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Rheumatology (Oxford). 2010 Jul;49(7):1326-35. doi: 10.1093/rheumatology/keq093. Epub 2010 Apr 1.

Localized vasculitis of the gastrointestinal tract: a case series.

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  • 1Unità di Reumatologia, Arcispedale S Maria Nuova, Reggio Emilia, Italy.

Abstract

OBJECTIVE:

To describe the clinical features and outcomes of patients with localized vasculitis of the gastrointestinal tract (LVGT).

METHODS:

Medical records of 608 patients diagnosed with vasculitis involving the intra-abdominal vasculature and/or abdominal viscera between January 1996 and December 2007 were reviewed. Only patients with histopathological confirmation or typical angiographic findings of vasculitis localized to the abdomen were included.

RESULTS:

We identified 18 cases with LVGT over the 12-year study period. The patients were predominantly Caucasian (89%) and female (67%) with a median age at diagnosis of 53.5 (range 17.4-83.3) years. Most of the patients presented with abdominal pain and 12 (66.6%) patients presented with an acute abdomen requiring surgical intervention. At diagnosis, the median ESR was 30.5 (range 4-77) mm/h. Autoantibody screening was generally unrevealing. Abdominal CT scan findings included: bowel wall thickening, bowel infarction and solid organ infarcts. In 14 patients, the diagnosis of vasculitis was established by abdominal angiography. Histological evidence of vasculitis was recorded in 5 (28%) patients, most commonly from gall bladder or small intestine specimens. Corticosteroid therapy was administered to 10 (56%) patients, 5 of whom also received other immunosuppressive agents. Median duration of follow-up was 10.5 (range 2-156) months. No evidence of vasculitis outside the abdomen was observed during follow-up. Seven (39%) patients died during the follow-up period. Survival of the patient cohort (compared with an age-matched US white population) was significantly reduced (P < 0.001).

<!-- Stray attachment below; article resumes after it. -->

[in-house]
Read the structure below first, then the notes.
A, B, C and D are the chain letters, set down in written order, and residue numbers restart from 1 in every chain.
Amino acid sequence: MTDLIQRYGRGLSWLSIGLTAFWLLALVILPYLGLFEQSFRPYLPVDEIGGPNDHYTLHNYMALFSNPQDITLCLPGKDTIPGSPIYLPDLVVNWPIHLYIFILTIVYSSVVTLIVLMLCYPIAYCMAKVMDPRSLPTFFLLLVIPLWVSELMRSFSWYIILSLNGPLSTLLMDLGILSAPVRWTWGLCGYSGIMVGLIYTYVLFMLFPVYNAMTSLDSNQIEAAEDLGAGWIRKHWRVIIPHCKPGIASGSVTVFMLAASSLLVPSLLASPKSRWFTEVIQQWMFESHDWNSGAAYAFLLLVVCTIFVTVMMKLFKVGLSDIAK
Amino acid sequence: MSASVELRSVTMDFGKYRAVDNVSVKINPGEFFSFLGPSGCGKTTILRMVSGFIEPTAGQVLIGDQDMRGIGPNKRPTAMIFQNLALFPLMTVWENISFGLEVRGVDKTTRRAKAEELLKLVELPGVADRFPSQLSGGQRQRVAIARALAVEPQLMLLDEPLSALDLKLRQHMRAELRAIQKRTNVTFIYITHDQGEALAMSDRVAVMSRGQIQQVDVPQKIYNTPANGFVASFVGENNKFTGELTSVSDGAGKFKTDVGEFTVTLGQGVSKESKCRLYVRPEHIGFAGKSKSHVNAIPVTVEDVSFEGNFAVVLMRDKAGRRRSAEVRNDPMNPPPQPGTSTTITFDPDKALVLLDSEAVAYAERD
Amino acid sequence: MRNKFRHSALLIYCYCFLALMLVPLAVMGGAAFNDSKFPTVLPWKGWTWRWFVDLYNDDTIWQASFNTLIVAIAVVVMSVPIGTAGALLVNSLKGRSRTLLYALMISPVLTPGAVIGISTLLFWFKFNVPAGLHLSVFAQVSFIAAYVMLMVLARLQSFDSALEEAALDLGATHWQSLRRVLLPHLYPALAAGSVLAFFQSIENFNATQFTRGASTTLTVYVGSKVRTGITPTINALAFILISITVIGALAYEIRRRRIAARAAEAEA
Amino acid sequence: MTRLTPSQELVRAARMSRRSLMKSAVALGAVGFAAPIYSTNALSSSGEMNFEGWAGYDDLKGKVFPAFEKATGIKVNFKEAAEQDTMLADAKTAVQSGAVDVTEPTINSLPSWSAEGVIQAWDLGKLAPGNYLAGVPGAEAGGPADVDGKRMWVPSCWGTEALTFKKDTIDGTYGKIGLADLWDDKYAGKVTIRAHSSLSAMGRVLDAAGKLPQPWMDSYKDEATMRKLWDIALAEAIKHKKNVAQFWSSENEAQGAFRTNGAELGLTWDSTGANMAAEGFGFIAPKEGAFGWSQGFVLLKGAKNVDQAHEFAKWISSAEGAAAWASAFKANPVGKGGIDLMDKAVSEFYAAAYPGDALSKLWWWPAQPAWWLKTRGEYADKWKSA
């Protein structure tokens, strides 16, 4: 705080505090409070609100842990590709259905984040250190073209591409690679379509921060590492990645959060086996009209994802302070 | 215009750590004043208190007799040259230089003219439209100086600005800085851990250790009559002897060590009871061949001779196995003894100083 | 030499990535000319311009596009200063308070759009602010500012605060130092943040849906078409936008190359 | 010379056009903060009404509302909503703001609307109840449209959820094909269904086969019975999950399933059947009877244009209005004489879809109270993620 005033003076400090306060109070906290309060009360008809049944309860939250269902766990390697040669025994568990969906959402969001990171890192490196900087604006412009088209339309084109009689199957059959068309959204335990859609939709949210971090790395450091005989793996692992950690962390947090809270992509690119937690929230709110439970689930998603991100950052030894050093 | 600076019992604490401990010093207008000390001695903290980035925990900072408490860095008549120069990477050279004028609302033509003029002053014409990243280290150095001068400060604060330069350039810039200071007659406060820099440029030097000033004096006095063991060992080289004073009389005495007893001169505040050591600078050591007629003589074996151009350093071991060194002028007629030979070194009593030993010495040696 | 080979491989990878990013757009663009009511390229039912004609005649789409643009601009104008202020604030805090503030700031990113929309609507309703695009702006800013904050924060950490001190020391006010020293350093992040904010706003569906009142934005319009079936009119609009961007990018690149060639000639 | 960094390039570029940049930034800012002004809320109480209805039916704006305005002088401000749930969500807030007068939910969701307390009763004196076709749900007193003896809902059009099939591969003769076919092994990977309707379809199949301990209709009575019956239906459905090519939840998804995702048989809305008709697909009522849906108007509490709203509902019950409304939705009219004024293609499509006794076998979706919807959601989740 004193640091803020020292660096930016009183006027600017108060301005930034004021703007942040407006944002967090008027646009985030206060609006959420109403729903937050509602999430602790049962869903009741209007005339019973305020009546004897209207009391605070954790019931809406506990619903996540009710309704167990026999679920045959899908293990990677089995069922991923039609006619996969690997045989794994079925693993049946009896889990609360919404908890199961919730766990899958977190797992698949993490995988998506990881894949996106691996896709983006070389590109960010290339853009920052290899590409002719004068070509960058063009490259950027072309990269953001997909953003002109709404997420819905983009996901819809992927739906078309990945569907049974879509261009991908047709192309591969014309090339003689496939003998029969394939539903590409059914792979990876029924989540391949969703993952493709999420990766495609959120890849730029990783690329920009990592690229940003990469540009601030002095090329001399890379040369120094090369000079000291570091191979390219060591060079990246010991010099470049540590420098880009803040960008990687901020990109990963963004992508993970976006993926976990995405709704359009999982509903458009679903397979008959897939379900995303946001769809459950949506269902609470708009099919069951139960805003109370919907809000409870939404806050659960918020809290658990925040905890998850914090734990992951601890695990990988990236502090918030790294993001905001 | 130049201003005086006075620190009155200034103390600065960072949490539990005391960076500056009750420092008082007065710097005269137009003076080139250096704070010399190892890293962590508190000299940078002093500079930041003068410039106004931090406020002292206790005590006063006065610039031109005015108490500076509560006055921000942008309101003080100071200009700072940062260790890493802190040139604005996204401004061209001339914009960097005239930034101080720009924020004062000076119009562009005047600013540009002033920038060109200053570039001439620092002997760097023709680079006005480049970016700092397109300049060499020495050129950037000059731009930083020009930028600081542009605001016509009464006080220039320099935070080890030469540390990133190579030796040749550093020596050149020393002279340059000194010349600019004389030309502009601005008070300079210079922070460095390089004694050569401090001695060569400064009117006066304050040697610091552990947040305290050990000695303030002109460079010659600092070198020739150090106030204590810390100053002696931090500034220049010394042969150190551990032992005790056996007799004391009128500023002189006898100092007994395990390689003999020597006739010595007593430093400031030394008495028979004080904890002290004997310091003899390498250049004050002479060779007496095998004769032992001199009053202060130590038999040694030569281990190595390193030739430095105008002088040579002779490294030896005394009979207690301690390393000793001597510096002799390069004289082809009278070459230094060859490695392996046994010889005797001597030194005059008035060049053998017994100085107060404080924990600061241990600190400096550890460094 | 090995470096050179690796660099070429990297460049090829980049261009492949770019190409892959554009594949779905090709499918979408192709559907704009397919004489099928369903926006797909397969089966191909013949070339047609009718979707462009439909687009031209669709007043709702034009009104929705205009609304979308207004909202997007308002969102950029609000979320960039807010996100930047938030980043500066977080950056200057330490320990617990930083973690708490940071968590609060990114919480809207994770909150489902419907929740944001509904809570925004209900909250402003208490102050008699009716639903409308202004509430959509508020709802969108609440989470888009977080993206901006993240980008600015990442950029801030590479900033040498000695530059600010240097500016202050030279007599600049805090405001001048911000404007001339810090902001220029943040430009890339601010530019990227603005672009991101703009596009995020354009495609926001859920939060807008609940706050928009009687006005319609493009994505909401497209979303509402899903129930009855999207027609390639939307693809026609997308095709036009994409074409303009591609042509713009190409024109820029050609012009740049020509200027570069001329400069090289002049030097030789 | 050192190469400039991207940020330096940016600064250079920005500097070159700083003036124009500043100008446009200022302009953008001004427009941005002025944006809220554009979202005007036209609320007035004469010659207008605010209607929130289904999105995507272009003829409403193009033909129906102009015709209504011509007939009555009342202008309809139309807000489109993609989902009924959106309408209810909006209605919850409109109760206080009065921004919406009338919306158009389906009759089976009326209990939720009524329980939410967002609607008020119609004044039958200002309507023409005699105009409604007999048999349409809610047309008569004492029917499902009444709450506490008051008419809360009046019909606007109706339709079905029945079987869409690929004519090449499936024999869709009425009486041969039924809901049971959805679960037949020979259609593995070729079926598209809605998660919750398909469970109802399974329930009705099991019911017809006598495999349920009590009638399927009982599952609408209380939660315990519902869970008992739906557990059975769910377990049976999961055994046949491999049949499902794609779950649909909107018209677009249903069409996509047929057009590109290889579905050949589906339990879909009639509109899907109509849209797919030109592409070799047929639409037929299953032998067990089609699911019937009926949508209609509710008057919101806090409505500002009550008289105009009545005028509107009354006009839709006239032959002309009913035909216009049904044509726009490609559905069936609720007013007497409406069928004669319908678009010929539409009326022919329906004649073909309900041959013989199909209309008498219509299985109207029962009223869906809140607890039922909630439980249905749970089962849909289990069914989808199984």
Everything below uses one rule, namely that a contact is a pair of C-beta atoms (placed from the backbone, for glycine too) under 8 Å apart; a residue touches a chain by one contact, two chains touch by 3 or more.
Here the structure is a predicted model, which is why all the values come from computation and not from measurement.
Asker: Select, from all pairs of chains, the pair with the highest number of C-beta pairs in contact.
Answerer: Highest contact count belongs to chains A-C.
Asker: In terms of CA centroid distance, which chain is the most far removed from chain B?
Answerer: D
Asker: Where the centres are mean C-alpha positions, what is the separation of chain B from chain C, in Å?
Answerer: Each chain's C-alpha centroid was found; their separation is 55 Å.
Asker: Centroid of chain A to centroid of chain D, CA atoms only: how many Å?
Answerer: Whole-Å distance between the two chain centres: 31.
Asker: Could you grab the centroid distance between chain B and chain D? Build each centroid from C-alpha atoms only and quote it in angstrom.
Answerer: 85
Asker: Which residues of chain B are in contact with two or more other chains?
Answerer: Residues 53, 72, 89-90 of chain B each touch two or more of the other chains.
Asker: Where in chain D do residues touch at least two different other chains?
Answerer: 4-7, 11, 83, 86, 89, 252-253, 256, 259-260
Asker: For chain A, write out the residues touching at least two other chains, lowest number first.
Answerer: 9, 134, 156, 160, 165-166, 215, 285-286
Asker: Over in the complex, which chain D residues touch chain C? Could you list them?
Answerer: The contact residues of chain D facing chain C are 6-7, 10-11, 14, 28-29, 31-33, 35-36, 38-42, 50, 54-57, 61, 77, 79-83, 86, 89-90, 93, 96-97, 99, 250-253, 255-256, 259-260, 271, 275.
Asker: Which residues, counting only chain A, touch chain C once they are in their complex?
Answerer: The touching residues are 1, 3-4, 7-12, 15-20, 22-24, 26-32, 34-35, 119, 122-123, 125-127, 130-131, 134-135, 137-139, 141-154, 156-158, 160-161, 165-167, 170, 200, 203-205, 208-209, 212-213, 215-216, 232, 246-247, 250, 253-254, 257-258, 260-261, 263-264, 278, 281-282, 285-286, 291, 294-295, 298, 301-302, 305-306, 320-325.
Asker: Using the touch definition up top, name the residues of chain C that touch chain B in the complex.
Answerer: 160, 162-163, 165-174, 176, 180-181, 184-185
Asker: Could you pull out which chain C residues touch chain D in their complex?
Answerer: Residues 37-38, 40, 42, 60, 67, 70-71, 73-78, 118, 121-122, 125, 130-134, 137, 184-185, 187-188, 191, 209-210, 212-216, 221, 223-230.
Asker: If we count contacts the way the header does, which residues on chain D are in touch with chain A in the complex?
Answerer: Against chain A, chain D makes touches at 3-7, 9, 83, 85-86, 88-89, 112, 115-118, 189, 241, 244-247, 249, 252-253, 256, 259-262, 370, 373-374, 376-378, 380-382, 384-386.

CONCLUSION:

LVGT is an uncommon form of vasculitis that can be associated with significant morbidity and mortality.

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